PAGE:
As for both my drumming roots and music development, Metallica are still one of those bands that I hold dear in my heart. I’m a huge fan of all their studio albums except, really, for Reload and St. Anger… With that in mind, Lars’ drum sounds, feel, grooves and fills made a huge impact on me. They complimented James Hetfield’s riffs flawlessly. Looking at the song-writing credits on their albums, Ulrich was right next to Hetfield, teaching me about partnerships and working with other musicians to draw the best out of a song. Yet more specifically, on a style level, Lars taught me all about landing on 1 but crashing on 2 with the snare. Signature stuff, and so effective!

Billy Cobham

Ok, so I was a bit of a late starter as a drummer, but as a kid, my cousin introduced me to Billy Cobham’s 1973 album Spectrum. This has got to give me some credibility as a drummer, I hope! The drums on that album were fast, furious, yet had a tribal feel about them. Their tone was open and natural, and the music was syncopated. But, beyond this, the album introduced me to odd time signatures early on. And because of this, and the fact that this stuff was never explained to me as a kid, odd time signatures were never about odd time signatures, but about feel and how music could flow in different ways.

Matt Cameron (Soundgarden)

Before Wikipedia was a CD version of the internet called Microsoft Encarta. On the ’95 edition, which we had, if you searched for “Rock music” or “Electric guitar”, you’d get some audio samples from a couple bands. One of these was Soundgarden’s track Nothing To Say” from 1988’s Screaming Life / Fopp. The sample was only 30 seconds long or so… But that slow, brooding groove, the grace notes, off-kilter accents over the dark riffs and soaring vocals became a big part of my drumming roots.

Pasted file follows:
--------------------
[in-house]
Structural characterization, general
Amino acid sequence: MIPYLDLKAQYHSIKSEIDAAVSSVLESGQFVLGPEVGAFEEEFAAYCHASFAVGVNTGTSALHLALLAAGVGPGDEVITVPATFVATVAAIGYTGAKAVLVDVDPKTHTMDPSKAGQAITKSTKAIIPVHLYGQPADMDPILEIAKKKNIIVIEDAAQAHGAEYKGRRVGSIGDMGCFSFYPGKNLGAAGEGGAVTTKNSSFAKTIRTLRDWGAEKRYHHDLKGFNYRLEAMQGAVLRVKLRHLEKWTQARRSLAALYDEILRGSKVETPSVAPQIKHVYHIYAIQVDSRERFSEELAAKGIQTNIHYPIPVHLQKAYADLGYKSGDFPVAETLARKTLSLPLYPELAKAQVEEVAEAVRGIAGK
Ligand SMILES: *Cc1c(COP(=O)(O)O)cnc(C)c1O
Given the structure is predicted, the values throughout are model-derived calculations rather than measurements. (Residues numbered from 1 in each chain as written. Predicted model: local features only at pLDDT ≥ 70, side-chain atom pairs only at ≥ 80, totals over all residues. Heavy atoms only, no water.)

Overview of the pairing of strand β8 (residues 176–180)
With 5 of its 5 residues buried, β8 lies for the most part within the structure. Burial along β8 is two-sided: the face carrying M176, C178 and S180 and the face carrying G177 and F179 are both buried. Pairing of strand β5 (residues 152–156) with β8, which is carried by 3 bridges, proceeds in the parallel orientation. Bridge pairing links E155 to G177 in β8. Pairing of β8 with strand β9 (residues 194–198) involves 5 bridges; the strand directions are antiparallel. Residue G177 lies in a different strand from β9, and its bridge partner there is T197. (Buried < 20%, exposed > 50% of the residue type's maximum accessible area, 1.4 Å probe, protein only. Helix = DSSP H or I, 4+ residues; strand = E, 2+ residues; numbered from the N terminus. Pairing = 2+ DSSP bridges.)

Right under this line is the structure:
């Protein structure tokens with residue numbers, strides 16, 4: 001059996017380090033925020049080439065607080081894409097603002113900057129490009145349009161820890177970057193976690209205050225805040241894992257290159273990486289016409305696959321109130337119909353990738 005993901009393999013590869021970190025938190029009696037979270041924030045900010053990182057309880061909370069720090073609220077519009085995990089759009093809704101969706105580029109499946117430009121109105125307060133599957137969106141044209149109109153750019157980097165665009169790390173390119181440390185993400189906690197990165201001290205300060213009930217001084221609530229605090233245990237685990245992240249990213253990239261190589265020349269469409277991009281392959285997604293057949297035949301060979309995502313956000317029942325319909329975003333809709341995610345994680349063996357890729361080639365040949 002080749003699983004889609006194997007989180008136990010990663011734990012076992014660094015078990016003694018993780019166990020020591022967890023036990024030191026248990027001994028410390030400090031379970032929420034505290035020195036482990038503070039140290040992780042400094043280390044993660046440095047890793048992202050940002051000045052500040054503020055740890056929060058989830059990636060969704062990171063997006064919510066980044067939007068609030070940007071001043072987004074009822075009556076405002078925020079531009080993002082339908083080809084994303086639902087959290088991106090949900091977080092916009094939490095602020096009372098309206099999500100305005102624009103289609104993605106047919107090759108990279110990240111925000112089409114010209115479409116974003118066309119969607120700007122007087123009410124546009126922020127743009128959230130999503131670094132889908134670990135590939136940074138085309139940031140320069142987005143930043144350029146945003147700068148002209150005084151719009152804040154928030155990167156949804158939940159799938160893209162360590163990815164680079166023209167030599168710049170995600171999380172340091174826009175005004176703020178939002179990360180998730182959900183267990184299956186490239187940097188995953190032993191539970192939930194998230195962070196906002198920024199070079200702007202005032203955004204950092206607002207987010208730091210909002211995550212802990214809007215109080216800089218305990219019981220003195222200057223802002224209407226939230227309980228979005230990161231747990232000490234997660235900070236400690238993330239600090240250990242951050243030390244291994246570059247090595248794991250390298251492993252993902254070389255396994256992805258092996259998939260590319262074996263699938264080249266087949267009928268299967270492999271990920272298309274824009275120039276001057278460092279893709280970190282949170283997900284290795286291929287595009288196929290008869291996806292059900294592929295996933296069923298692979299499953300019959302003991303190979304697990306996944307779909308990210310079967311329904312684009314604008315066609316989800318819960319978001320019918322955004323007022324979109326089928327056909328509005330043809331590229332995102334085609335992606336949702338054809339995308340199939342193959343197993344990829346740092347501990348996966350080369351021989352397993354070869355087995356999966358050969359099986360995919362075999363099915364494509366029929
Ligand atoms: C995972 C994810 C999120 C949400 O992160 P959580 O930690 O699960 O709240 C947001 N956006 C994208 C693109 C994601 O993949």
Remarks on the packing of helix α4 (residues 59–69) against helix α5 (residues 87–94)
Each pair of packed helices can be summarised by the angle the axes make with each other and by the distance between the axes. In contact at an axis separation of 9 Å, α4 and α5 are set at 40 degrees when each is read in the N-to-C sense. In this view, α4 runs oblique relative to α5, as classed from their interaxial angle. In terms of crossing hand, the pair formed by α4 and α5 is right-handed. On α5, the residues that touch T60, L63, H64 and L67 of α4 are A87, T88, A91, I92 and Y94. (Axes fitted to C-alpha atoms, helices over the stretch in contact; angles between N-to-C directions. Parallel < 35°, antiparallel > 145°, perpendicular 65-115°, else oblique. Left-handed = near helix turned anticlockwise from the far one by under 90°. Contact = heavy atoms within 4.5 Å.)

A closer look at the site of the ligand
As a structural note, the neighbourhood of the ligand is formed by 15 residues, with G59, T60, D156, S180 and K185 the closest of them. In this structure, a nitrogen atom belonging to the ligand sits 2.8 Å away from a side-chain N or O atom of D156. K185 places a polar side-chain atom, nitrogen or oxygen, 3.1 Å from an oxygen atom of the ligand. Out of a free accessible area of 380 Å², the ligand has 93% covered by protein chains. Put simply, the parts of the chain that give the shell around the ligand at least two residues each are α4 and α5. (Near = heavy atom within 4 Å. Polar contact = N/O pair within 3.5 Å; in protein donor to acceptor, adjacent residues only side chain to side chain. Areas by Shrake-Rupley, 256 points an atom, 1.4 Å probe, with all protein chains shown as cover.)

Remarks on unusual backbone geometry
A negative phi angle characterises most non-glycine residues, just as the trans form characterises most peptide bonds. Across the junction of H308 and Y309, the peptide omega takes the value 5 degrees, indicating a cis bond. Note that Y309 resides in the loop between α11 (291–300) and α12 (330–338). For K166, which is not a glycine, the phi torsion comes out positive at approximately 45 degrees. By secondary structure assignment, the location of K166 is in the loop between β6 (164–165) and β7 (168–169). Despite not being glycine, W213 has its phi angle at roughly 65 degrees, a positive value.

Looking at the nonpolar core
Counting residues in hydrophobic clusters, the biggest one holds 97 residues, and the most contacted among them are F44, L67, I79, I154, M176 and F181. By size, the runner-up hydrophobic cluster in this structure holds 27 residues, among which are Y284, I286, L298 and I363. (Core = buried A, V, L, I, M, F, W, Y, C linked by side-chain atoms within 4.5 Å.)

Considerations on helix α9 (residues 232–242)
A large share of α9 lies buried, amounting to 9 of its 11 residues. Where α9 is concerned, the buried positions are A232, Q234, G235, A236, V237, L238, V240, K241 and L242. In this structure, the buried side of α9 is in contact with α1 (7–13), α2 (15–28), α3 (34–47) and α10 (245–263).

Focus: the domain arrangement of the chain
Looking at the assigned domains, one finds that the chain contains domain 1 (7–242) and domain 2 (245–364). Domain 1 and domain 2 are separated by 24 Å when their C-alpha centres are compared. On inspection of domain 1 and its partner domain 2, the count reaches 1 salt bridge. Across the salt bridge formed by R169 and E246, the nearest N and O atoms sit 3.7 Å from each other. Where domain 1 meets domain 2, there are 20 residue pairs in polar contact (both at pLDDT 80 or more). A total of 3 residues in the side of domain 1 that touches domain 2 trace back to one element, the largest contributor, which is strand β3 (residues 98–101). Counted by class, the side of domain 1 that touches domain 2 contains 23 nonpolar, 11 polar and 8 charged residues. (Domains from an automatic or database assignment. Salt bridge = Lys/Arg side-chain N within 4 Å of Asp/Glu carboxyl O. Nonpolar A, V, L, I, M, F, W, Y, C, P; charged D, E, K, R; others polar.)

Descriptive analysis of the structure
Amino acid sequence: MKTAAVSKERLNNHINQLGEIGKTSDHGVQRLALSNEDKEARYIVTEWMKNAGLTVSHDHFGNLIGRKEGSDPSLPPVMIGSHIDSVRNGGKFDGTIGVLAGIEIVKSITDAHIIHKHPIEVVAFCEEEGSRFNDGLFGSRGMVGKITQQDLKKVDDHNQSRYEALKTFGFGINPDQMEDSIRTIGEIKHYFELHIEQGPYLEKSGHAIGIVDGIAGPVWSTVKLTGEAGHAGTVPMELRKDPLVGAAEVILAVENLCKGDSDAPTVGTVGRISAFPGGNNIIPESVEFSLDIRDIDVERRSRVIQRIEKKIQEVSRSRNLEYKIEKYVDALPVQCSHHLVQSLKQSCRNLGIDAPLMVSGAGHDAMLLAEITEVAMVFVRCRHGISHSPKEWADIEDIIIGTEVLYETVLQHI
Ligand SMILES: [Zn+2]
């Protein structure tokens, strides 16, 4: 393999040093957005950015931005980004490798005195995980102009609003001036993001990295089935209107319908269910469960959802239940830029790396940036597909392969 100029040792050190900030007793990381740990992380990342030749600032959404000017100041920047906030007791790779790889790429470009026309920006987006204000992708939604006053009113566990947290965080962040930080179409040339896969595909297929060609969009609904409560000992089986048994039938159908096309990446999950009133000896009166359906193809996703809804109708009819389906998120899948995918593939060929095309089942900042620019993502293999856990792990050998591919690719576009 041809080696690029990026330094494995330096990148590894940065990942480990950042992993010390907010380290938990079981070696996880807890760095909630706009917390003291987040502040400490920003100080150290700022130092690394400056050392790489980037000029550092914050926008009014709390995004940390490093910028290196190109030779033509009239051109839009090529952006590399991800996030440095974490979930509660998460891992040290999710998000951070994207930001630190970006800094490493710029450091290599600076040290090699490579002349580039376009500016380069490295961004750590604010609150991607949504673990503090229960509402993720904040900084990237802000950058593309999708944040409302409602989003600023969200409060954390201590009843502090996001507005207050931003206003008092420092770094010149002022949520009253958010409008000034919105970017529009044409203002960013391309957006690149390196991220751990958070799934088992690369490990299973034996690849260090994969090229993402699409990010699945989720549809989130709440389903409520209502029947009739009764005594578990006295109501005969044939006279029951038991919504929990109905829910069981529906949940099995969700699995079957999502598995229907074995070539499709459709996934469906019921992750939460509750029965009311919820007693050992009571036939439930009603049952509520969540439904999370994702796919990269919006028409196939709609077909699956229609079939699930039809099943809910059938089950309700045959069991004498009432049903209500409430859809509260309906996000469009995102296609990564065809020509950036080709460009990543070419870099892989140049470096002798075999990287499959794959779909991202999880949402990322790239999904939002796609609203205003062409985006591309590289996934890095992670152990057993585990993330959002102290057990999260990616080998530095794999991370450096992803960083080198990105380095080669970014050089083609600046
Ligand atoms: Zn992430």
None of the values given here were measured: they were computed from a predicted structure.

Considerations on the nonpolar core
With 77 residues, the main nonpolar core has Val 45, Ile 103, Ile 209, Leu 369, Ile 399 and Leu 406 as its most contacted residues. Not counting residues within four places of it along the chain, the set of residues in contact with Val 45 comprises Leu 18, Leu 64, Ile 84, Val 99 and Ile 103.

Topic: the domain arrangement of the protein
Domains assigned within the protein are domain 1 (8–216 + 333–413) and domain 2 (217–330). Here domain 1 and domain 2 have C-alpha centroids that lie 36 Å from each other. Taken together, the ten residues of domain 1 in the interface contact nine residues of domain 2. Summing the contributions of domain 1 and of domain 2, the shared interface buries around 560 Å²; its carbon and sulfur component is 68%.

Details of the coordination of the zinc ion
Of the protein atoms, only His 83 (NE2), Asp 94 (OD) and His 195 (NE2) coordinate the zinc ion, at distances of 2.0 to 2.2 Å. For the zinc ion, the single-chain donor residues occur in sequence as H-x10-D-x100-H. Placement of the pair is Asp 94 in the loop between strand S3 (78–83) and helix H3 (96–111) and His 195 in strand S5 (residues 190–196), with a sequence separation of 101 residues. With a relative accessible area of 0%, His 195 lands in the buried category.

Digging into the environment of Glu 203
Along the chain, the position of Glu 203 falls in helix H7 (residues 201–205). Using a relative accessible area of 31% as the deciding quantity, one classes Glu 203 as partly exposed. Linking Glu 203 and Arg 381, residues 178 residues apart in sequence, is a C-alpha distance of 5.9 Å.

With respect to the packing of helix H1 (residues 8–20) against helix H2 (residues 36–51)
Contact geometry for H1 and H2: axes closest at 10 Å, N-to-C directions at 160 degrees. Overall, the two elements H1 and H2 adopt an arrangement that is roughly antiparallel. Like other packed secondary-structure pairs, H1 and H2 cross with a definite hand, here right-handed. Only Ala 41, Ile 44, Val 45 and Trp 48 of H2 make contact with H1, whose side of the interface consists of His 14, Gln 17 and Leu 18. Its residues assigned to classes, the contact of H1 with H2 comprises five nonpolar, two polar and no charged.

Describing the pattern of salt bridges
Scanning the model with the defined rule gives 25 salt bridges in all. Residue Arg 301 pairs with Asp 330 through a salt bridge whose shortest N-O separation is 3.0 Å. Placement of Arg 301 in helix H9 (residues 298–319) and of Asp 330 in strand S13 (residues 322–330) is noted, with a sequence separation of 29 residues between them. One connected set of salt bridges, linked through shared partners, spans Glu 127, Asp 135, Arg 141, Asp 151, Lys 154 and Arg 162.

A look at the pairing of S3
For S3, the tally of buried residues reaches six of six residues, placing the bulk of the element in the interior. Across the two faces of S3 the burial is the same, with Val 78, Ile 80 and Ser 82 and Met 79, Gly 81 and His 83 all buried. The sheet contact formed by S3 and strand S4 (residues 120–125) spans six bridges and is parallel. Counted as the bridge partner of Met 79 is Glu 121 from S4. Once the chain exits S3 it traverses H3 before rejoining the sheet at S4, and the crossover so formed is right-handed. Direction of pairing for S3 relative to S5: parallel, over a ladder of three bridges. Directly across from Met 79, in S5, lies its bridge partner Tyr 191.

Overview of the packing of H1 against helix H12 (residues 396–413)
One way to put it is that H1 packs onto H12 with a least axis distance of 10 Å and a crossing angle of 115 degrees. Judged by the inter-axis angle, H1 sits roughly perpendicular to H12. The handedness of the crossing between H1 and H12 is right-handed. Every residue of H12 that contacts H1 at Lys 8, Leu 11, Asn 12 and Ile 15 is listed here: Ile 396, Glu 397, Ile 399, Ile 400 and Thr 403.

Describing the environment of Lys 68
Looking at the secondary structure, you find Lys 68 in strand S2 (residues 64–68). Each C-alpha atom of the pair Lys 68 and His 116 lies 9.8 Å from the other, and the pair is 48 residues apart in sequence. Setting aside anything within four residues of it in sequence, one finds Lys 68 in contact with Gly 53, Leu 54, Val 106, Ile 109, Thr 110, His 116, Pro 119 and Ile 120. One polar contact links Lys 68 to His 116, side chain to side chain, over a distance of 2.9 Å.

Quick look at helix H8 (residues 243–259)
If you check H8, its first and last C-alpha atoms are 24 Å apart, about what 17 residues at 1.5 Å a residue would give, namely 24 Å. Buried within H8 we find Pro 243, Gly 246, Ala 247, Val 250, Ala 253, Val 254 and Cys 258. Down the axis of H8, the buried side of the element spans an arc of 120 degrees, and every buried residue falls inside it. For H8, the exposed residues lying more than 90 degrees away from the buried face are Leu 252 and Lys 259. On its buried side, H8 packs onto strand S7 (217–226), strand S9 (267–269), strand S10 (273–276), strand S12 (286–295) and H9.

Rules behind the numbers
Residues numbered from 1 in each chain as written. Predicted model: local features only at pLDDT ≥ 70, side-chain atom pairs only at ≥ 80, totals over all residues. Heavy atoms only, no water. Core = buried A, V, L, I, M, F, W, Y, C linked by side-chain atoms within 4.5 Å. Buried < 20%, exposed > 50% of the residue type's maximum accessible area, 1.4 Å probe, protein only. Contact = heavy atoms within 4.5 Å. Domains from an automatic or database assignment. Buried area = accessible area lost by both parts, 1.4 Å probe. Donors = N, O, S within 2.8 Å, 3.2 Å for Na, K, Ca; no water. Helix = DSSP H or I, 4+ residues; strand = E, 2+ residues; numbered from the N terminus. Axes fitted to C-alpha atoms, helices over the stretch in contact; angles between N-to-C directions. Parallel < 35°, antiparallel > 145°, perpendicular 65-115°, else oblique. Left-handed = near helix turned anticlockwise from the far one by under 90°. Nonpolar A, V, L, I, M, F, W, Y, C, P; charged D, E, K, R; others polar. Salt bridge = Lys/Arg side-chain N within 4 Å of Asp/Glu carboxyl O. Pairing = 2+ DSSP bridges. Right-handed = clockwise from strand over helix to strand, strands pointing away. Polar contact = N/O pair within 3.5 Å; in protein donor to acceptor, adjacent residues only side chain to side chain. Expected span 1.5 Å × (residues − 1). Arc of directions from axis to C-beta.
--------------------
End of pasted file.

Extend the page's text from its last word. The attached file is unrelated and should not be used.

Finding my drumming roots has been a great exercise, and a fun one at that! It’s let me revisit great memories, and given me a better understanding of myself as a drummer. I would totally encourage you to do the same if you haven’t. If you’re interested in listening to the albums that I refer to above see the list below then check ‘em out on Spotify, Apple Music or preferred music streaming service.


The Beatles Help (1964), Rubber Soul (1965), Anthology 2 (1996), Beatles For Sale (1964), Live At The BBC (1994) – Drums: Ringo Starr

Phil Collins … But Seriously (1989) – Drums: Phil Collins

Dire Straits On Every Street (1991) – Drums: Jeff Porcaro, Manu Katché

Pearl Jam Ten (1991) – Drums: Dave Krusen, Vs. (1993) – Drums: Dave Abbruzzese

Nirvana Nevermind (1991) – Drums: Dave Grohl, Bleach (1989) – Drums: Chad Channing, Dale Grover

Soundgarden Screaming Life / Fopp (1990), Superunknown (1994) – Drums: Matt Cameron

Billy Cobham Spectrum (1973) – Drums: Billy Cobham

Megadeth Countdown To Extinction (1991), Youthanasia (1994) – Drums: Nick Menza

Queen Greatest Hits I (1981), Greatest Hits II (1991) – Drums: Roger Taylor

Metallica Master Of Puppets (1986), Metallica (1991) – Drums: Lars Ulrich

Bill Haley & His Comets Greatest Hits (N/A) – Drums: Ralph Jones

Criminal Victimzed (1994) – Drums: J.J. Vallejo

Famous Musicians from West London You Should Know

Famous Musicians from West London You Should Know

London, the Big Smoke. It’s without a doubt one of the most exciting cities on this planet. It’s rich with historic and cultural heritage, and home to world famous musicians. It is massive yet everything is within reach, and its North, South, East, and West divisions have their own strong individual personalities. But, you probably already know this.

But did you know what a YouGov survey classified each area as? The North got intellectual and pretentious, the East poor and up-and-coming, the South was rough and suburban, and the West posh (and pretentious too, actually). Beyond the survey, however, my experience is that us in the West, are considered to be far from all the cool places and we’re a drag to get to. Nonsense!

famous musicians